Lack of proper notice was central to the Third District Court of Appeal’s decision in Federal National Mortgage Association v. JKM Services, LLC, Case No. 3D17-370 (Fla. 3d DCA October 3, 2018) limiting a receiver’s ability to recover fees and costs incurred in his efforts to collect rent after having been appointed by a condominium association to recover rents from delinquent units.
Like many communities in recent years, Cedar Woods Homes Condominium Association, Inc., filed a petition requesting the Circuit Court to appoint a receiver to collect rents from leased units in foreclosure pursuant to Fla. Stat. §718.116(6)(c), which provides:
If the unit is rented or leased during the pendency of the foreclosure action, the association is entitled to the appointment of a receiver to collect the rent. The expenses of the receiver shall be paid by the party which does not prevail in the foreclosure action.
After filing its petition, the association never notified or joined the owner or lenders of any unit in the proceeding. The Circuit Court granted the petition and appointed the Receiver. Lenders of units subject to the Receiver were also not notified of the order. Nevertheless, the Receiver proceeded to incur fees and costs in collecting rents from the units subject to the receivership.
Thereafter, Federal National Mortgage Association (“FNMA”) foreclosed and acquired title to several of the units subject to the receivership. FNMA then sought estoppel certificates on those units. In response, the Receiver demanded past due assessments, Receiver fees, and attorney’s fees incurred by the Receiver. Unable to resolve the estoppel dispute, FNMA intervened in the receivership case to terminate the receivership and to determine its liability for pre-certificate of title assessments pursuant to Fla. Stat. 718.116. The Circuit Court ruled against FNMA. This appeal followed.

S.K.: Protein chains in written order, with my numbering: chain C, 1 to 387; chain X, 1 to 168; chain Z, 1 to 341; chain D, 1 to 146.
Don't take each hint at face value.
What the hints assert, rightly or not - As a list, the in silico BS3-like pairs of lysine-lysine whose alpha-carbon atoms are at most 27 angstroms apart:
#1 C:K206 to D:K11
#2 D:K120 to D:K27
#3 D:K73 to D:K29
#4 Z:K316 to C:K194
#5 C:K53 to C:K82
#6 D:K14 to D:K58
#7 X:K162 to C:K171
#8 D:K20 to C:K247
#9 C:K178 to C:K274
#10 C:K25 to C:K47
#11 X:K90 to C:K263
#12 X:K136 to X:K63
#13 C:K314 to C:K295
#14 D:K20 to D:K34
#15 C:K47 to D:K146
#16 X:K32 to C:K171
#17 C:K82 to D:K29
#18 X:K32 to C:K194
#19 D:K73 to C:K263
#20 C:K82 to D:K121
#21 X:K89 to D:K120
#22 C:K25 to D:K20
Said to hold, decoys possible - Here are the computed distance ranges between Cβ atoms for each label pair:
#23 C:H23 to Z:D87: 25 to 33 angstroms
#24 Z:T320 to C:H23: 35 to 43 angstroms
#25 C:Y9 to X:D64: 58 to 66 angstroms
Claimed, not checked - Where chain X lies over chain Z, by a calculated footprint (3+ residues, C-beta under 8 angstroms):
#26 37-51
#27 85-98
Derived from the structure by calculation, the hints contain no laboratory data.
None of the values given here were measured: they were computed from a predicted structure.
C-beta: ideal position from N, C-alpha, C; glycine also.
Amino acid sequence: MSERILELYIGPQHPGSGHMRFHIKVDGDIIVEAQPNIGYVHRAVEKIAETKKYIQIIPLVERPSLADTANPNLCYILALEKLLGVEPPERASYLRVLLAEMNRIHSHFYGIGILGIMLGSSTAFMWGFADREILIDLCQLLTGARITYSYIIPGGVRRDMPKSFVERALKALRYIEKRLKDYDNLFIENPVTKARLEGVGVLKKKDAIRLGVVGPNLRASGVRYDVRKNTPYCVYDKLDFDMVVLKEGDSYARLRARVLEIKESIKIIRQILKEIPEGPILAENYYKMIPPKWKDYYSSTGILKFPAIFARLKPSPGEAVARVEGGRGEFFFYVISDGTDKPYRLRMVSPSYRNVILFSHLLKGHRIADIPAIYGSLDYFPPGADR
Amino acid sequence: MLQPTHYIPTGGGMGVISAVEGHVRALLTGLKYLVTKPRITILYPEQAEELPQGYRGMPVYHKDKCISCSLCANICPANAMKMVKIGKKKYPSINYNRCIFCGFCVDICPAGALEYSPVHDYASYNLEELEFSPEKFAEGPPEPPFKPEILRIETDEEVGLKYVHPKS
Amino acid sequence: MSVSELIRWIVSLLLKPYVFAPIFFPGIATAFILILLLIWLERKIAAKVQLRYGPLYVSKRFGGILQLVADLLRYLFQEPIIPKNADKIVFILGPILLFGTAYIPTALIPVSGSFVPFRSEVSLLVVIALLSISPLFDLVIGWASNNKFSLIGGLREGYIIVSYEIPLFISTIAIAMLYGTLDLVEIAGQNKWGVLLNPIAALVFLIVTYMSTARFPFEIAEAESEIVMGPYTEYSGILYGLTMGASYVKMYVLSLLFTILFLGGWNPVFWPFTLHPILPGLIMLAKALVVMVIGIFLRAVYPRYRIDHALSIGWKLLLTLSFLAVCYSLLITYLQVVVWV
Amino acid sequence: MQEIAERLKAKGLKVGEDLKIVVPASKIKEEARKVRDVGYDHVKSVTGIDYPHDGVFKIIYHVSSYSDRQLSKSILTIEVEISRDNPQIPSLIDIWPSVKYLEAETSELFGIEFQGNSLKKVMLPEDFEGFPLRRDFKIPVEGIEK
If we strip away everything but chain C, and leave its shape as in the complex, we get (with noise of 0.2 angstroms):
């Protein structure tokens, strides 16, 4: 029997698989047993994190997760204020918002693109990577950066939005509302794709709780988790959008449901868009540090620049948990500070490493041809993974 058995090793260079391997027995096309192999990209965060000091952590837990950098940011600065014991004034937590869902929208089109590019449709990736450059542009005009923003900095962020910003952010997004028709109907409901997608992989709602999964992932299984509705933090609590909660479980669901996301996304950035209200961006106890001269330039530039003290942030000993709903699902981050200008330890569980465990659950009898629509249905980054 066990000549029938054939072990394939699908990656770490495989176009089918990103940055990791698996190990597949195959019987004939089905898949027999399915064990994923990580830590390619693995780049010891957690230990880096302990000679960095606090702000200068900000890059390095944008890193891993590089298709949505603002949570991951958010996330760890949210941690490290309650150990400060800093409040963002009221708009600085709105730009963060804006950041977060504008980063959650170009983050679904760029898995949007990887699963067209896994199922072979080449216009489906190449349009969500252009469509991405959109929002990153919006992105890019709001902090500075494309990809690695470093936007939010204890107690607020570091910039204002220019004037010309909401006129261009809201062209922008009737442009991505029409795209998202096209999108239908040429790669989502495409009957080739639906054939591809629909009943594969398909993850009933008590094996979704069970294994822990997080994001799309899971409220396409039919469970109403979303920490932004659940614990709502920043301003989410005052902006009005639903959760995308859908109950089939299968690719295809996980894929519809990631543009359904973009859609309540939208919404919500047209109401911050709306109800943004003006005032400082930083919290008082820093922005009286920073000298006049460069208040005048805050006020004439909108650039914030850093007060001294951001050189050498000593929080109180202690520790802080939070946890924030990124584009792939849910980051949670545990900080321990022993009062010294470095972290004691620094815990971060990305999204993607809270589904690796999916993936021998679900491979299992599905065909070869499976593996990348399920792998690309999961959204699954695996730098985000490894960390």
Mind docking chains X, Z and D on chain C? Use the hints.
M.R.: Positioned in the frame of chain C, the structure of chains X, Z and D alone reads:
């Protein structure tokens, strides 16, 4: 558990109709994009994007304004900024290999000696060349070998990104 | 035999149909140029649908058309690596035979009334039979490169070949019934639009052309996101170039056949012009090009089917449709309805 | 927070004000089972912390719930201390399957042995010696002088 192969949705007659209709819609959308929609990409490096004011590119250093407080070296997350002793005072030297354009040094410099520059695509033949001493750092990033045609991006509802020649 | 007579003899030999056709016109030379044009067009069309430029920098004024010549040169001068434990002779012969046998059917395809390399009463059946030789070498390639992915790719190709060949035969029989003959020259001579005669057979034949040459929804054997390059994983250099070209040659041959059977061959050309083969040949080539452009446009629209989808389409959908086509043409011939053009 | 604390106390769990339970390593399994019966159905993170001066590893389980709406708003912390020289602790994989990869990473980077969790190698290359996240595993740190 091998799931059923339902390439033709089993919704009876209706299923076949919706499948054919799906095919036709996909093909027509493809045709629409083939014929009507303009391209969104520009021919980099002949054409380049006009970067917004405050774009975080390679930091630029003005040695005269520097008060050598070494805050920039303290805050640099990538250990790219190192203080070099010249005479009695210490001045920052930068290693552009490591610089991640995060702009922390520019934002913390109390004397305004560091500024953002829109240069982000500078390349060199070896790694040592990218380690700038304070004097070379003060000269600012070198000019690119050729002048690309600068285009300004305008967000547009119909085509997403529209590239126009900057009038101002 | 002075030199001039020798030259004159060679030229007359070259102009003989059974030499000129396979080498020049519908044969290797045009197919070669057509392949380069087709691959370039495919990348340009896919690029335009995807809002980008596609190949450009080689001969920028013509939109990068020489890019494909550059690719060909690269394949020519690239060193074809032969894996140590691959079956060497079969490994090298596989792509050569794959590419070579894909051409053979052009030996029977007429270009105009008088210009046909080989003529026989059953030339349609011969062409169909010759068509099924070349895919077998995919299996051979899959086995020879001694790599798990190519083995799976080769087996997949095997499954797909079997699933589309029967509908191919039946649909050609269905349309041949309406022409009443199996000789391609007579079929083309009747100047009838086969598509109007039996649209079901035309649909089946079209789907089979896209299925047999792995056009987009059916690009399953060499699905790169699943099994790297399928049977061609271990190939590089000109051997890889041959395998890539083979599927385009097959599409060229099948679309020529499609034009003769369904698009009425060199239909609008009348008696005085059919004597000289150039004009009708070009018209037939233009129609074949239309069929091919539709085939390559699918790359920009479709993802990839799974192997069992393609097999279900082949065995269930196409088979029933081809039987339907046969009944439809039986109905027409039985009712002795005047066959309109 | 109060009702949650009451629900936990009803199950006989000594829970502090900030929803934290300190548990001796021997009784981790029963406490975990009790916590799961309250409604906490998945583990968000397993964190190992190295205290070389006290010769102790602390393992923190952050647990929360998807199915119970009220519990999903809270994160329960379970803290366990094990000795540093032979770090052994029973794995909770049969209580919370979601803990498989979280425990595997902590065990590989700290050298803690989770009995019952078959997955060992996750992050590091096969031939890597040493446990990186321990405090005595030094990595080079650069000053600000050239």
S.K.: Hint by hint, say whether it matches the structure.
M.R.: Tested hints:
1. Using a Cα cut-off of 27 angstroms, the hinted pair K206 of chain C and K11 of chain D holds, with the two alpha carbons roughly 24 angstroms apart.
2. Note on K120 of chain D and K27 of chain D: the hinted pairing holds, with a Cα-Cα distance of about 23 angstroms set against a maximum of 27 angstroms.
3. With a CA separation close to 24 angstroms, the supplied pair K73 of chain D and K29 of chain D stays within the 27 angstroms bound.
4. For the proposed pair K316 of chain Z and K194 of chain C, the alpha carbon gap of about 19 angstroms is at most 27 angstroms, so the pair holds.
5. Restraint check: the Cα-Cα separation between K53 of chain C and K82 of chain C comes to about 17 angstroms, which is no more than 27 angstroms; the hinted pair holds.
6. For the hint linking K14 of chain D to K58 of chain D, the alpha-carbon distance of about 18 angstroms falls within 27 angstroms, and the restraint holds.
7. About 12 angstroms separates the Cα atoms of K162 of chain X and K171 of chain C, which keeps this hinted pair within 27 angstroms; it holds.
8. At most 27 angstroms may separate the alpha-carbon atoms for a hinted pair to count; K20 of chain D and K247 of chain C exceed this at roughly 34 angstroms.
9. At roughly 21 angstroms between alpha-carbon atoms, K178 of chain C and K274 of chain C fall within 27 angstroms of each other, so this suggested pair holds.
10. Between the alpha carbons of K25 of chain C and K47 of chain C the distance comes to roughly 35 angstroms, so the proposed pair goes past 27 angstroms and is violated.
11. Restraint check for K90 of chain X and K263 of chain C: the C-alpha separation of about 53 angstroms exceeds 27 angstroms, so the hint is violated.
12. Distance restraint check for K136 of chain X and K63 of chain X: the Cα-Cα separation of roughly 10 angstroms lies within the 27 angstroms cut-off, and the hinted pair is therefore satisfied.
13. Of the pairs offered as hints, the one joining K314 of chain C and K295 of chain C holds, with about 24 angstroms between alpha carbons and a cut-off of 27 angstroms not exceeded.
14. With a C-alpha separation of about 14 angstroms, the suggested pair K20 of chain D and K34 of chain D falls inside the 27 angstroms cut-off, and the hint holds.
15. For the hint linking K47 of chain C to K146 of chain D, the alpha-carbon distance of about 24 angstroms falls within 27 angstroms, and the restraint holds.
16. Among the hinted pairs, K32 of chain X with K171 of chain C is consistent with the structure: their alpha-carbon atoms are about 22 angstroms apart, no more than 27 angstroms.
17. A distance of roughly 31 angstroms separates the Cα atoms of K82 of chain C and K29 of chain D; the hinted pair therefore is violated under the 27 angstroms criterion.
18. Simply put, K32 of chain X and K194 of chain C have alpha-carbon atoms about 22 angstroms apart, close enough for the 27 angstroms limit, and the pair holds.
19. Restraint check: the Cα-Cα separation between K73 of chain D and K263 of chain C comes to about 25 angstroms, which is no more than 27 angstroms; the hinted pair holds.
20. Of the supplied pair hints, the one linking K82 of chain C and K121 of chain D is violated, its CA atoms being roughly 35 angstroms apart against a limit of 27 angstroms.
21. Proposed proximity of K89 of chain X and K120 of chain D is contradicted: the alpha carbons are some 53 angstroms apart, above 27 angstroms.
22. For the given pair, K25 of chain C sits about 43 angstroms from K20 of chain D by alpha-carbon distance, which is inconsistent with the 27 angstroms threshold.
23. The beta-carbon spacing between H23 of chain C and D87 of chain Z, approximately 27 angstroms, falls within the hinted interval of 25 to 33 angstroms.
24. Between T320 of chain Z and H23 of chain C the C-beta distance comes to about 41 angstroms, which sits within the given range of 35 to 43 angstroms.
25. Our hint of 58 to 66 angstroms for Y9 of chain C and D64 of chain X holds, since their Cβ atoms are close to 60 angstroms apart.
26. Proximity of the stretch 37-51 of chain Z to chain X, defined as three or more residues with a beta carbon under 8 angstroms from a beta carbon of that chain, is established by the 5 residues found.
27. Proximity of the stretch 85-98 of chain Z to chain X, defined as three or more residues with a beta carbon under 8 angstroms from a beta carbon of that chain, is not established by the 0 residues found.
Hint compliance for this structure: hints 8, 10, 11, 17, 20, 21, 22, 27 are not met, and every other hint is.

The Third District Court of Appeal overturned the Circuit Court’s decision ruling Fla. Stat. §718.116(6)(c) applies only when there is a pending association foreclosure and the unit is occupied by a tenant. The Court further held the statute is not triggered by a mortgage foreclosure so the receivership order was not valid against FNMA. Consequently, the Receiver recover its fees or attorney fees against FNMA because FNMA was not a party to the receivership proceeding.
This decision likely limits the viability of many rent receivership orders entered during the Great Recession. If your community still has an active rent receiver working to collect rents, a review of the receivership proceedings by the association’s and receiver’s legal counsel is advisable.